Lessons include avoiding physical altercations (instead of raising your fists to a truculent fellow prisoner, curl your body into a ball on the floor) and deciphering jailhouse lingo: ‘”A ‘cheese eater’ is an informant. A ‘blanket party’ is throwing a blanket over an inmate, then beating him. ‘Diesel therapy’ is when trouble-making inmates are shackled and driven around in the back of a prison bus.”
Among the “the panicky white-collar criminals” said to be using this service is Garrett Bauer, who “made tens of millions of dollars illegally trading on stock tips.” Bauer used a distinctly modest financial metaphor to describe his plans for surviving the federal hoosegow: “I’m going to be new, so you don’t want to stick your two cents in.”
Bauer’s new-found timidity should serve him well in a setting where a man is expected to say “excuse me” when he bumps into someone, whether or not it’s his fault. Other rules of prison etiquette include never sitting on another man’s bunk, never watching TV in another man’s chair, never reaching across someone else’s plate at mealtime (“That could be immediately answered with a fork in your arm,” says Mr. [Patrick] Boyce, a former stockbroker who completed 11 months in the pen in 2004″), and never removing another man’s laundry from the machine.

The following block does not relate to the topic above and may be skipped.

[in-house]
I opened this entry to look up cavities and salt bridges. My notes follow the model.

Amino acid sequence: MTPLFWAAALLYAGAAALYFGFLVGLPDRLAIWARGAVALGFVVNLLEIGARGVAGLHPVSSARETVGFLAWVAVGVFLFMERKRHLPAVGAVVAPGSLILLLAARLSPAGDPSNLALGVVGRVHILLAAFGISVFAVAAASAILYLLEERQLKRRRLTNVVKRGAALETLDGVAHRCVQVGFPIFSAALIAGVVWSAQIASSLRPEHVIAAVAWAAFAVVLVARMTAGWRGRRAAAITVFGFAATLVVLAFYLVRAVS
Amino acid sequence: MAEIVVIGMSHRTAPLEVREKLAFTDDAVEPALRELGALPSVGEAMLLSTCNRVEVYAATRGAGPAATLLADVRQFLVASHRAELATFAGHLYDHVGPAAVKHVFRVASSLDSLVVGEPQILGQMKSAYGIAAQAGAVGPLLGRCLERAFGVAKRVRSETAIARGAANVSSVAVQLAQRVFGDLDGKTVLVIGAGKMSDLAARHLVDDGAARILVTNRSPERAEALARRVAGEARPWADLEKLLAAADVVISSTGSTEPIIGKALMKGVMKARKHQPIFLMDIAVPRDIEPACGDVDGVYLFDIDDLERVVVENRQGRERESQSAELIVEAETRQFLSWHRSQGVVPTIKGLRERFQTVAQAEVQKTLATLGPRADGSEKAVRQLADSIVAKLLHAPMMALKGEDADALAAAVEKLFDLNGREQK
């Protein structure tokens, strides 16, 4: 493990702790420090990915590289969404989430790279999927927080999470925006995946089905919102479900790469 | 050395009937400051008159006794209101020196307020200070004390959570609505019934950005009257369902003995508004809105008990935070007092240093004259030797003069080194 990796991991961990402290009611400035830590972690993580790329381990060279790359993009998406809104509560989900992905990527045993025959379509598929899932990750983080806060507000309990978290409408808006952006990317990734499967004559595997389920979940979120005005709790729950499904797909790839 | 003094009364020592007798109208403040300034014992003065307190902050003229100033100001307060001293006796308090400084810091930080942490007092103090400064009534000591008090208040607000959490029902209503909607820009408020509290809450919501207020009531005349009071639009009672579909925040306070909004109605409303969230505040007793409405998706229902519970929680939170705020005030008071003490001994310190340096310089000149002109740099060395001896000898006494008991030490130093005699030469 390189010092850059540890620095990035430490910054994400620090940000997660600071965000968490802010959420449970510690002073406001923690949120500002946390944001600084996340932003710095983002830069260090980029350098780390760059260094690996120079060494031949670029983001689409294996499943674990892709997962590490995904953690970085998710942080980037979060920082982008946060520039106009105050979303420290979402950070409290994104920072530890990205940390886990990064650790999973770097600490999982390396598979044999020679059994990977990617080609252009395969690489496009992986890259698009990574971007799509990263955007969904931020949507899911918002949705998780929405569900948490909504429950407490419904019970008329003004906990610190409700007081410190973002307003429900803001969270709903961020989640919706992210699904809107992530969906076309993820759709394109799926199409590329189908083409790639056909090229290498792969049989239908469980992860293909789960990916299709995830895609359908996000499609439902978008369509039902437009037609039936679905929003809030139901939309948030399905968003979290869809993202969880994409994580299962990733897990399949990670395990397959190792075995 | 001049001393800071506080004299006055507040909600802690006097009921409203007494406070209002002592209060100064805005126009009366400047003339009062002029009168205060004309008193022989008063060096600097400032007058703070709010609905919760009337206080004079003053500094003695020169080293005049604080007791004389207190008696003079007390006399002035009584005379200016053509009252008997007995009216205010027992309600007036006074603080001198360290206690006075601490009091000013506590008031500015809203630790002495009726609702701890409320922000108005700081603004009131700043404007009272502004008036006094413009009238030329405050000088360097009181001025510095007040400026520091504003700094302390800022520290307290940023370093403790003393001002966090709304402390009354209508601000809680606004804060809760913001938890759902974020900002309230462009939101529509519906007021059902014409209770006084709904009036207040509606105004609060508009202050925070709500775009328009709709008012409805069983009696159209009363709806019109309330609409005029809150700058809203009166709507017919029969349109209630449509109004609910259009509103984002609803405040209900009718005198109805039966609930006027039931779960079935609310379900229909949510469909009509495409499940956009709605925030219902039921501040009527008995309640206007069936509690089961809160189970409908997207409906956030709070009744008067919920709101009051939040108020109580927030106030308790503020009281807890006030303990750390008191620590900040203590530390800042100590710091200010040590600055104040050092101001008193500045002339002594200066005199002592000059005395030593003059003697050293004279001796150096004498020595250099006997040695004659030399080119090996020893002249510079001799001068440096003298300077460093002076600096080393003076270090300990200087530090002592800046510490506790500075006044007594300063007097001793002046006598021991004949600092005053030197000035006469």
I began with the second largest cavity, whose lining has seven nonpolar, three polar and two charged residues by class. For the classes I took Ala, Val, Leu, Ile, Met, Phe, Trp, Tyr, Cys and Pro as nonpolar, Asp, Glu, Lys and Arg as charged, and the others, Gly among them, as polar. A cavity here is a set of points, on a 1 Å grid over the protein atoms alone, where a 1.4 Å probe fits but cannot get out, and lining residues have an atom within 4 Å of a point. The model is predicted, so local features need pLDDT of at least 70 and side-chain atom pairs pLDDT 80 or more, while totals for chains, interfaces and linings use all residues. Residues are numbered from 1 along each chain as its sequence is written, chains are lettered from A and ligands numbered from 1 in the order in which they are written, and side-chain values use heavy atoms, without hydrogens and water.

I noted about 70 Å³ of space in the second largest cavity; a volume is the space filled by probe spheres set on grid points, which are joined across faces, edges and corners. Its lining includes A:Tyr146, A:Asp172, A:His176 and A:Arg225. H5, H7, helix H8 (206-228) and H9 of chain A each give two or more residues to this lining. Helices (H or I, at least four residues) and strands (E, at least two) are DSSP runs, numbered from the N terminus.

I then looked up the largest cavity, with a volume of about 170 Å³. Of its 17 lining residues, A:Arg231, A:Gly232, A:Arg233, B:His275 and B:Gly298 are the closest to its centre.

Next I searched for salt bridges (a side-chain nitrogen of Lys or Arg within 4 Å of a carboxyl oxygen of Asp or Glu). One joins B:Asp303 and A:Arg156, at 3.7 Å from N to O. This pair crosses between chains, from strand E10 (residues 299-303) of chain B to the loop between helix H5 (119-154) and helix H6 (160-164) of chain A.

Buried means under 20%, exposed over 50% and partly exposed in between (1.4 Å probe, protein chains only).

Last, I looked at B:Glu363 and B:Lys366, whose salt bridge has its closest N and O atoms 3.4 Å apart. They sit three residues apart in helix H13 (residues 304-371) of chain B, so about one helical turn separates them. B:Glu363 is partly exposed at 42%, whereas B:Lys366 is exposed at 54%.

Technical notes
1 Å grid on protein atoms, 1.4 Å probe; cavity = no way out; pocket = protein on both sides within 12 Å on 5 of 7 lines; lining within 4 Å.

Boyce hired a convicted fraudster and prison consultant to assist him when he was facing the start of his sentence. Now, he works in the same field, promoting himself as a “federal mitigation specialist.”
Tagged: consultant, ex-cons, fraud, Garrett Bauer, GarrettBauer, how to survive prison, HowToSurvivePrison, insider trading, InsiderTrading, Local, prison, prison etiquette, PrisonEtiquette, The Wall Street